Strongest Painkillers Are Also Most Addictive

A string of overdose deaths and robberies all linked to the same powerful painkiller, fentanyl, raised concerns among police officials in parts of Pennsylvania, New York and Ohio that they would have yet another drug scourge to deal with.

All of the deaths occurred when people cut open fentanyl patches prescribed for treatment of chronic pain, and sucked out the drug, which the Drug Enforcement Administration describes as 50 times stronger than heroin and 80 times more powerful than morphine.

Fentanyl, like OxyContin, is one of the morphine-like painkillers used primarily for long-term treatment of chronic pain, and like OxyContin, it has caught on in isolated pockets around the country, according to the National Institute on Drug Abuse.

These drugs, along with other prescription drugs like Vicodin and Percocet, are the most recent in the long line of painkillers that have become powerful lures for abuse, and like others before them, such as opium and heroin, they are highly addictive.

"The potent painkillers are all opioids and these are all very addictive," said Dr. Carol Warfield, chief of anesthesia at Beth Israel Deaconess Medical Center in Boston. "They provide a lot of euphoria, and folks become physically addicted to them."

The euphoria these powerful painkillers provide is part of their attraction, but it is because users want more -- the rush -- that so many move from taking the drugs orally to snorting or smoking them to injecting them directly into their veins.

"The high is associated with the rise of blood level of the drug," Warfield said. "The faster the rise, the greater the high. That's why addicts prefer to inject."

And that search for the rush -- coupled with the physical tolerance to any drug that develops with repeated use -- leads abusers to try higher and higher doses.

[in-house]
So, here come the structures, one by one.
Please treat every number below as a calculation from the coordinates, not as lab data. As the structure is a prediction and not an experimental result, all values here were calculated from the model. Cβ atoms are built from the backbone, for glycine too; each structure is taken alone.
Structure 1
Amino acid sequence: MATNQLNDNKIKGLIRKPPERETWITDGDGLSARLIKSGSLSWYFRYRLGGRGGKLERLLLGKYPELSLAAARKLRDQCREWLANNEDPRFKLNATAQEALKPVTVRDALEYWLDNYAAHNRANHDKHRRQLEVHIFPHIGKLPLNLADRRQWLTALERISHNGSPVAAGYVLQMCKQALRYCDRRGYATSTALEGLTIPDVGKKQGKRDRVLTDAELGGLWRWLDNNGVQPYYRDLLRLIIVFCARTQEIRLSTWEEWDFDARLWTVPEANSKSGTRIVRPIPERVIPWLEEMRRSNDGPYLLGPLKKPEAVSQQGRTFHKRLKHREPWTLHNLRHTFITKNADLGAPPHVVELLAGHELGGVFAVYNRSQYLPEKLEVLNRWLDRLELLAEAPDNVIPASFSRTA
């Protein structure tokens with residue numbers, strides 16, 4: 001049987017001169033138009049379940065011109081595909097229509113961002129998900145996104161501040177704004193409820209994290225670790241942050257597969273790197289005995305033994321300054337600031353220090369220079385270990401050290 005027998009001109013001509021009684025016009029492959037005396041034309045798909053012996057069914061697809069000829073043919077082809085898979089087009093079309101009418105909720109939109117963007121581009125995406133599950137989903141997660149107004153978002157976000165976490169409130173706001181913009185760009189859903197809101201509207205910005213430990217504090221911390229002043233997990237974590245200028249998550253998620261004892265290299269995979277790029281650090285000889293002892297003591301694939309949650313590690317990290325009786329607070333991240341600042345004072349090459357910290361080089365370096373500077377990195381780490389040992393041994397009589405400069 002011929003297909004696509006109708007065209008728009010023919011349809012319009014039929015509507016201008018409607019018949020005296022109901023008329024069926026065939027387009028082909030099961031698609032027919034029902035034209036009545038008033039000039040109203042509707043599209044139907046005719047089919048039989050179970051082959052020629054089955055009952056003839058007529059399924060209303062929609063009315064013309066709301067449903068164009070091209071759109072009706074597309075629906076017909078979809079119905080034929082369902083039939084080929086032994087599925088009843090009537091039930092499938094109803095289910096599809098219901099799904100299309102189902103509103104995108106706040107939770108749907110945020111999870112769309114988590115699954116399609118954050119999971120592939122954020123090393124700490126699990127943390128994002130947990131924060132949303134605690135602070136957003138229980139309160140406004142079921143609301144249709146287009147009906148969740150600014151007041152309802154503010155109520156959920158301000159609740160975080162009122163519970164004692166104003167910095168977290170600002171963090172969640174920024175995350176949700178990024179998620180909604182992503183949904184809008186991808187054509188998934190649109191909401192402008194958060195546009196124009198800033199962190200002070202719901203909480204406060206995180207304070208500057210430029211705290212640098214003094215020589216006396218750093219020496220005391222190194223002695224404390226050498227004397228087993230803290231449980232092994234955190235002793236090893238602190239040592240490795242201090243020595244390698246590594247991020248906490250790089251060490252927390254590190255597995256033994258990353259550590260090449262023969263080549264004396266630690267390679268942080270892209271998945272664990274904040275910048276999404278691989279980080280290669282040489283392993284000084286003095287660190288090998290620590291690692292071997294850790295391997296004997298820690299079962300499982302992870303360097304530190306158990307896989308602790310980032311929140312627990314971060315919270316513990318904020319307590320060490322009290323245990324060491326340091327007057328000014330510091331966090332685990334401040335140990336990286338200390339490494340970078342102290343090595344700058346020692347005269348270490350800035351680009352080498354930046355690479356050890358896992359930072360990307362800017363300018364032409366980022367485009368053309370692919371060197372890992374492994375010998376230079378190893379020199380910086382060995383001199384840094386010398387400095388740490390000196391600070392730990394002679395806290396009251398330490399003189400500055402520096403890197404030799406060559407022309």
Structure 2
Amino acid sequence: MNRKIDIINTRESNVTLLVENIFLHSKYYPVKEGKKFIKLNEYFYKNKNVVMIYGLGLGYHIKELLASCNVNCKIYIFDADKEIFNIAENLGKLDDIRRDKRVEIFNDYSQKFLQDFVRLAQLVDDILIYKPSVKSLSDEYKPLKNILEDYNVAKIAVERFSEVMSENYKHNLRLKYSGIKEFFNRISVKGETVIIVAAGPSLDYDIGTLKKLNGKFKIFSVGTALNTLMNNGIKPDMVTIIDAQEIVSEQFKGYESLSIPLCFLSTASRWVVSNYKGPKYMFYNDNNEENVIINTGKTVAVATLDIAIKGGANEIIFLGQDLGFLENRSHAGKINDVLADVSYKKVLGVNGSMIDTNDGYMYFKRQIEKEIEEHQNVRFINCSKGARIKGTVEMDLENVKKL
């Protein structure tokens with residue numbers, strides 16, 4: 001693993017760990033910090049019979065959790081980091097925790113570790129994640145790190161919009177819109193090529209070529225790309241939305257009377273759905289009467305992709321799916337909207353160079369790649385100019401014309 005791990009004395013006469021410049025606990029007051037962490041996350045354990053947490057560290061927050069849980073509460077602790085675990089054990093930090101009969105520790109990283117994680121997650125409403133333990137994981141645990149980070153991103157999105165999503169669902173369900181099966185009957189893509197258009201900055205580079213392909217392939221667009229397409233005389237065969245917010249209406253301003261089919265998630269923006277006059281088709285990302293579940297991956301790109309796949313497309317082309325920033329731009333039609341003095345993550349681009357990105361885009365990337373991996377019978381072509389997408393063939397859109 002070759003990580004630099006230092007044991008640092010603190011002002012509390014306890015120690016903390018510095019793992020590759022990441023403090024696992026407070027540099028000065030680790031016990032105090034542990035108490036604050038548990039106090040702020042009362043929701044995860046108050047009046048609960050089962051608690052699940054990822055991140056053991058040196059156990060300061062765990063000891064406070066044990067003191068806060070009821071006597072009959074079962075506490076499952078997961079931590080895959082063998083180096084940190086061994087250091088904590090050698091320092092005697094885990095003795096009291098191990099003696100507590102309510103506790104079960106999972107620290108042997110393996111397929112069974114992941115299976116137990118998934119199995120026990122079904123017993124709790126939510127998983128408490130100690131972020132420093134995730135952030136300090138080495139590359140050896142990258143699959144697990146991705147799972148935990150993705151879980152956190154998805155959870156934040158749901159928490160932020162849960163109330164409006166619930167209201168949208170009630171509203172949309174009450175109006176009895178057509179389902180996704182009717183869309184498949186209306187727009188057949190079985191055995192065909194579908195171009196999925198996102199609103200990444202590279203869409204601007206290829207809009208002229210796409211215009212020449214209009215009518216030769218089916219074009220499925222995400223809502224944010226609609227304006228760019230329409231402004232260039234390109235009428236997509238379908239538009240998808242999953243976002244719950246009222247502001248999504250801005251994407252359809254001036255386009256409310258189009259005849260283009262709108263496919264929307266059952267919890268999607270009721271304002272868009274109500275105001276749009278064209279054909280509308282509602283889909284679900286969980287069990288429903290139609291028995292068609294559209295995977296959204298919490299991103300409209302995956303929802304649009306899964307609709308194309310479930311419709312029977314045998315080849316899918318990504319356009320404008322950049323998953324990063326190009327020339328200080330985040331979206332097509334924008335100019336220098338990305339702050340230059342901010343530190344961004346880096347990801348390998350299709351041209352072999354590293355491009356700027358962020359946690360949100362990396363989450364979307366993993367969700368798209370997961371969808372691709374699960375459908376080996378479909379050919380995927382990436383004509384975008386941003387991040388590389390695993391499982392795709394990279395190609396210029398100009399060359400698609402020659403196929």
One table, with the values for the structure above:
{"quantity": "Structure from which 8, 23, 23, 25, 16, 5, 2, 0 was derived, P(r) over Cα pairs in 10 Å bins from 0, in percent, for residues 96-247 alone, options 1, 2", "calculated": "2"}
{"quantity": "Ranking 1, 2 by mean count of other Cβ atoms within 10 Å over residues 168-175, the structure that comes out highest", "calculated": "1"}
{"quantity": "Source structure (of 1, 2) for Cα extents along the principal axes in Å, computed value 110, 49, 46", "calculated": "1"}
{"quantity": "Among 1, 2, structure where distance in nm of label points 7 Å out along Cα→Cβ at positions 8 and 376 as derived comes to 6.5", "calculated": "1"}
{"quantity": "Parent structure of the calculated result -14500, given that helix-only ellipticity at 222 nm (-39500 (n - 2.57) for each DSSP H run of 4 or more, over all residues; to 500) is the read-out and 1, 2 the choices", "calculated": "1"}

Deadly Weekend

Fentanyl has been in use since the 1950s, and abuse of the drug within the medical profession has been documented since the 1970s, according to the DEA. However, fentanyl first drew widespread attention in 1991, when, during one weekend, 12 people in New York, Connecticut and New Jersey died of overdoses.

And in the years since, the link between fentanyl and death has dominated media reports about the abuse of the painkiller. Among the most recent cases was one in Tremont, Pa., in which a 21-year-old man, Joseph Brommer, was accused of giving two friends fatal doses of the drug, weeks apart.

"Young people are squeezing the drug out of the patches and using it illegally," DEA pharmaceuticals expert Dale Shick said. "They're taking a drug that is supposed to be used in small, time-released doses, and they're using it all at once. It's very dangerous."

Brommer admitted stealing the patches containing the drug from his mother's house and giving the drug to his two friends, police said at a hearing on the case earlier this year. But his attorney disputed the murder charges against the man, saying it was not clear whether the two died from the fentanyl or from other drugs in their systems.

While neither fentanyl or OxyContin has reached the nationwide epidemic proportions of methamphetamine, they are part of a trend that is disturbing.

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